While Health Journalism 2020 had to be canceled because of the novel coronavirus and COVID-19, we are already well underway in planning Health Journalism 2021.
Last year, Taylor Knopf, a health care journalist at North Carolina Health News, spent more than a week out of a vacation to report on how France and Switzerland have been able to do what the health care system in the United States has so far failed to do: stem the tide of opioid-related deaths.
In this issue, we highlight some of our best advice and resources for covering the novel coronavirus and COVID-19, from keeping nursing home residents safe to debunking conspiracy theories (and doesn’t it seem as if there’s a new one each week?)
Six months after the first nursing home residents died of the novel coronavirus, many nursing homes and long-term care facilities continue to face a shortage of personal protective equipment, test kits, delayed test results and worker shortages. At the same time, positivity rates continue to climb in many states and, once again, nursing homes are among the leading sources of death and infections nationwide.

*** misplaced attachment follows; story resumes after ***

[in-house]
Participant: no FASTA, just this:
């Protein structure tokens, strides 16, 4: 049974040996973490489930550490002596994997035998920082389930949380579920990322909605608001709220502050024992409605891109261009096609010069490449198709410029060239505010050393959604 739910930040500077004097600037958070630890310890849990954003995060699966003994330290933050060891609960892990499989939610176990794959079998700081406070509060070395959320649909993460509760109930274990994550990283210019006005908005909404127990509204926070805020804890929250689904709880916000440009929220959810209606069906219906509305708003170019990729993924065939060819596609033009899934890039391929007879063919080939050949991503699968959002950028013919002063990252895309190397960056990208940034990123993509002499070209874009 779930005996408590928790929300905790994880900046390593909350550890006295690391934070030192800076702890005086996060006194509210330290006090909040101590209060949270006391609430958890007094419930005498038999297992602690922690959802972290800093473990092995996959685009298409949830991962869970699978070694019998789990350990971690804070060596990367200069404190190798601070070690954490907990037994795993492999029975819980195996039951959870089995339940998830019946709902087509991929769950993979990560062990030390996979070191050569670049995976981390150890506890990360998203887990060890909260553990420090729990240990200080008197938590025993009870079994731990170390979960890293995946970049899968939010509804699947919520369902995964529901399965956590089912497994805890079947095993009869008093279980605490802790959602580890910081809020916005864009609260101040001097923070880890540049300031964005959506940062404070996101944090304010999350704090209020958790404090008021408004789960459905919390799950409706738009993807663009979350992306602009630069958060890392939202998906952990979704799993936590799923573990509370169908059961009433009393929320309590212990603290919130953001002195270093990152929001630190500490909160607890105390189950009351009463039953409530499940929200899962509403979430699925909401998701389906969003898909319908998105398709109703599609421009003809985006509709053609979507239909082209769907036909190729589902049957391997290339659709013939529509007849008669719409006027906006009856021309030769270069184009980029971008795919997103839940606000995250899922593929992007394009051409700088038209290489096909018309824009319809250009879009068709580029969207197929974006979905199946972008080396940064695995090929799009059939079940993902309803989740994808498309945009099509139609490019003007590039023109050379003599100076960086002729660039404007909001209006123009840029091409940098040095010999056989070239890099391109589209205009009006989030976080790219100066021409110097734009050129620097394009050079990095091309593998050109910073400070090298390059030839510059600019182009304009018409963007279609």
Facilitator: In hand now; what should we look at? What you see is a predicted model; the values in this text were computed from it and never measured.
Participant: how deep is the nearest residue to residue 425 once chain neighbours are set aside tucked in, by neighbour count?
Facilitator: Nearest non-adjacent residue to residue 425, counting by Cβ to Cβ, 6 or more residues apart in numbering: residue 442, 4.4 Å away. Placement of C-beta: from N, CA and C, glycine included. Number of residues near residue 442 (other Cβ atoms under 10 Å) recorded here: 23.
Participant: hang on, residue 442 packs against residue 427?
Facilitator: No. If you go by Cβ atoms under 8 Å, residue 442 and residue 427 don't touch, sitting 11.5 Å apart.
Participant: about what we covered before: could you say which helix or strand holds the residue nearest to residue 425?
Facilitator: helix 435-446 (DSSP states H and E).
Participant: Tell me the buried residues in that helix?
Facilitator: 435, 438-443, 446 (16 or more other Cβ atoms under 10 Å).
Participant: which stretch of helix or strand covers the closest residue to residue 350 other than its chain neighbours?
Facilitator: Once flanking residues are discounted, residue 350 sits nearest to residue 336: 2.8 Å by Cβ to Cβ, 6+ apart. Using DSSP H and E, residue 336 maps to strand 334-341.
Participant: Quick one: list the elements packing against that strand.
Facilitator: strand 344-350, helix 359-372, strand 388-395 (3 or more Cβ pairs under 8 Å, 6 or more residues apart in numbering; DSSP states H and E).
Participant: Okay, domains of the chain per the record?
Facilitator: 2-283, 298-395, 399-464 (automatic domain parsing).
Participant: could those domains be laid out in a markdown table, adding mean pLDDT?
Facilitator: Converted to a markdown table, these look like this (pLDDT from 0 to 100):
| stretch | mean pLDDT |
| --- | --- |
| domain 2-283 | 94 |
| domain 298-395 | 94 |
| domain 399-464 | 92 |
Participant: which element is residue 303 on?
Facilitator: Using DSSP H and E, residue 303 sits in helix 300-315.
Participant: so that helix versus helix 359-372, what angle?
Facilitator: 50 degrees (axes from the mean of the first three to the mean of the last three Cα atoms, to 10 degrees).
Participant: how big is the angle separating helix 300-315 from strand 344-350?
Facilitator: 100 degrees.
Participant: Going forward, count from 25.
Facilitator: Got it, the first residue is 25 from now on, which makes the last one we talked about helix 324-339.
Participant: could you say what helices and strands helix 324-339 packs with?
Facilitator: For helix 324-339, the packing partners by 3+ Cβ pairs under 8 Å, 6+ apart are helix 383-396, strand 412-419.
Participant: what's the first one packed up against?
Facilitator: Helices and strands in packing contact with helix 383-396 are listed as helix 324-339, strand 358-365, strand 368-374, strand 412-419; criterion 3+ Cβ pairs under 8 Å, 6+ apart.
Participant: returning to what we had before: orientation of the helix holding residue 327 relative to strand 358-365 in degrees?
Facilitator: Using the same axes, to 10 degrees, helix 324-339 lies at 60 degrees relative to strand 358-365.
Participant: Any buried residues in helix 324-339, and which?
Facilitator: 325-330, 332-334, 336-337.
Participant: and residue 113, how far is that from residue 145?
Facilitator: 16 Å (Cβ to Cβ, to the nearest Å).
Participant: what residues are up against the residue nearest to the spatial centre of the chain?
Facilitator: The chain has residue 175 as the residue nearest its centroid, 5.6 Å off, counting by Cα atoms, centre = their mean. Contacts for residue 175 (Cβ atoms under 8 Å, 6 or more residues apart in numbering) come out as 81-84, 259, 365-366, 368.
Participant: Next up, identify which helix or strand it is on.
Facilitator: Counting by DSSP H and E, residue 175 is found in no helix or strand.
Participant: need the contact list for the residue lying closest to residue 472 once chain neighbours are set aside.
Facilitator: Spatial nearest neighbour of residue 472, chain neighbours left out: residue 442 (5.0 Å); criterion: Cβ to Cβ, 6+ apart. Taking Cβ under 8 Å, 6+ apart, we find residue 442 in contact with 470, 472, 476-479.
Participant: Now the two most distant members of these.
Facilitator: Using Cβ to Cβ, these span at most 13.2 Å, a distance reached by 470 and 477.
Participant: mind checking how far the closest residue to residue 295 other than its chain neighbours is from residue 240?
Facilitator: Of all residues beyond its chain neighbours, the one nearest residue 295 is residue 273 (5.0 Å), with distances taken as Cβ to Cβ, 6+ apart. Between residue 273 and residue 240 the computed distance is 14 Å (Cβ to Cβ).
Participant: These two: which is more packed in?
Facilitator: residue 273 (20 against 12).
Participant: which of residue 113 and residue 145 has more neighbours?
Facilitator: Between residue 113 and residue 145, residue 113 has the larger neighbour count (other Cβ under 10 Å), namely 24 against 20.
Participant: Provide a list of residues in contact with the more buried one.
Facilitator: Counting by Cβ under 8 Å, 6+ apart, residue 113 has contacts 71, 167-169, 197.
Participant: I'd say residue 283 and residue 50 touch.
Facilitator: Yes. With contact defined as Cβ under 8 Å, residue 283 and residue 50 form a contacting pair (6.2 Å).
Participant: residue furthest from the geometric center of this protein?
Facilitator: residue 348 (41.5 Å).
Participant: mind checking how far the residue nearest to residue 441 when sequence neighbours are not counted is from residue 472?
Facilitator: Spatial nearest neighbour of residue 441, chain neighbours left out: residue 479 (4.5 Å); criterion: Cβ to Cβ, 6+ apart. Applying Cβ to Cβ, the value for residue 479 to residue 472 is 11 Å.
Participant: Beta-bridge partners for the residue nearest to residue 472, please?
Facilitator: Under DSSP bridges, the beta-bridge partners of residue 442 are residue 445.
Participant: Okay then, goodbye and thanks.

The COVID-19 Nursing Home Data tracker of the federal Centers for Medicare and Medicaid Services (CMS), reports more than 164,055 residents have confirmed cases of the virus and more than 102,531 have suspected cases as of July 26, according to the most recently available data. Continue reading
Health Journalism 2021 in Austin, Texas, will be AHCJ’s first annual conference after the COVID-19 outbreak, but the need for stories covering all the angles of this pandemic will still be going strong. And even more stories – related and unrelated – are yet to be explored in the months ahead.
The conference will be June 24-27 at the Hilton Austin. Continue reading
Communities and school leaders need to exercise common sense as they weigh options for reopening schools this fall, said Anthony Fauci, M.D., director of the National Institute of Allergy and Infectious Diseases, on Thursday.
While communities should make reopening schools a high priority, Fauci said, the safety of students and teachers is the most important factor to consider. Continue reading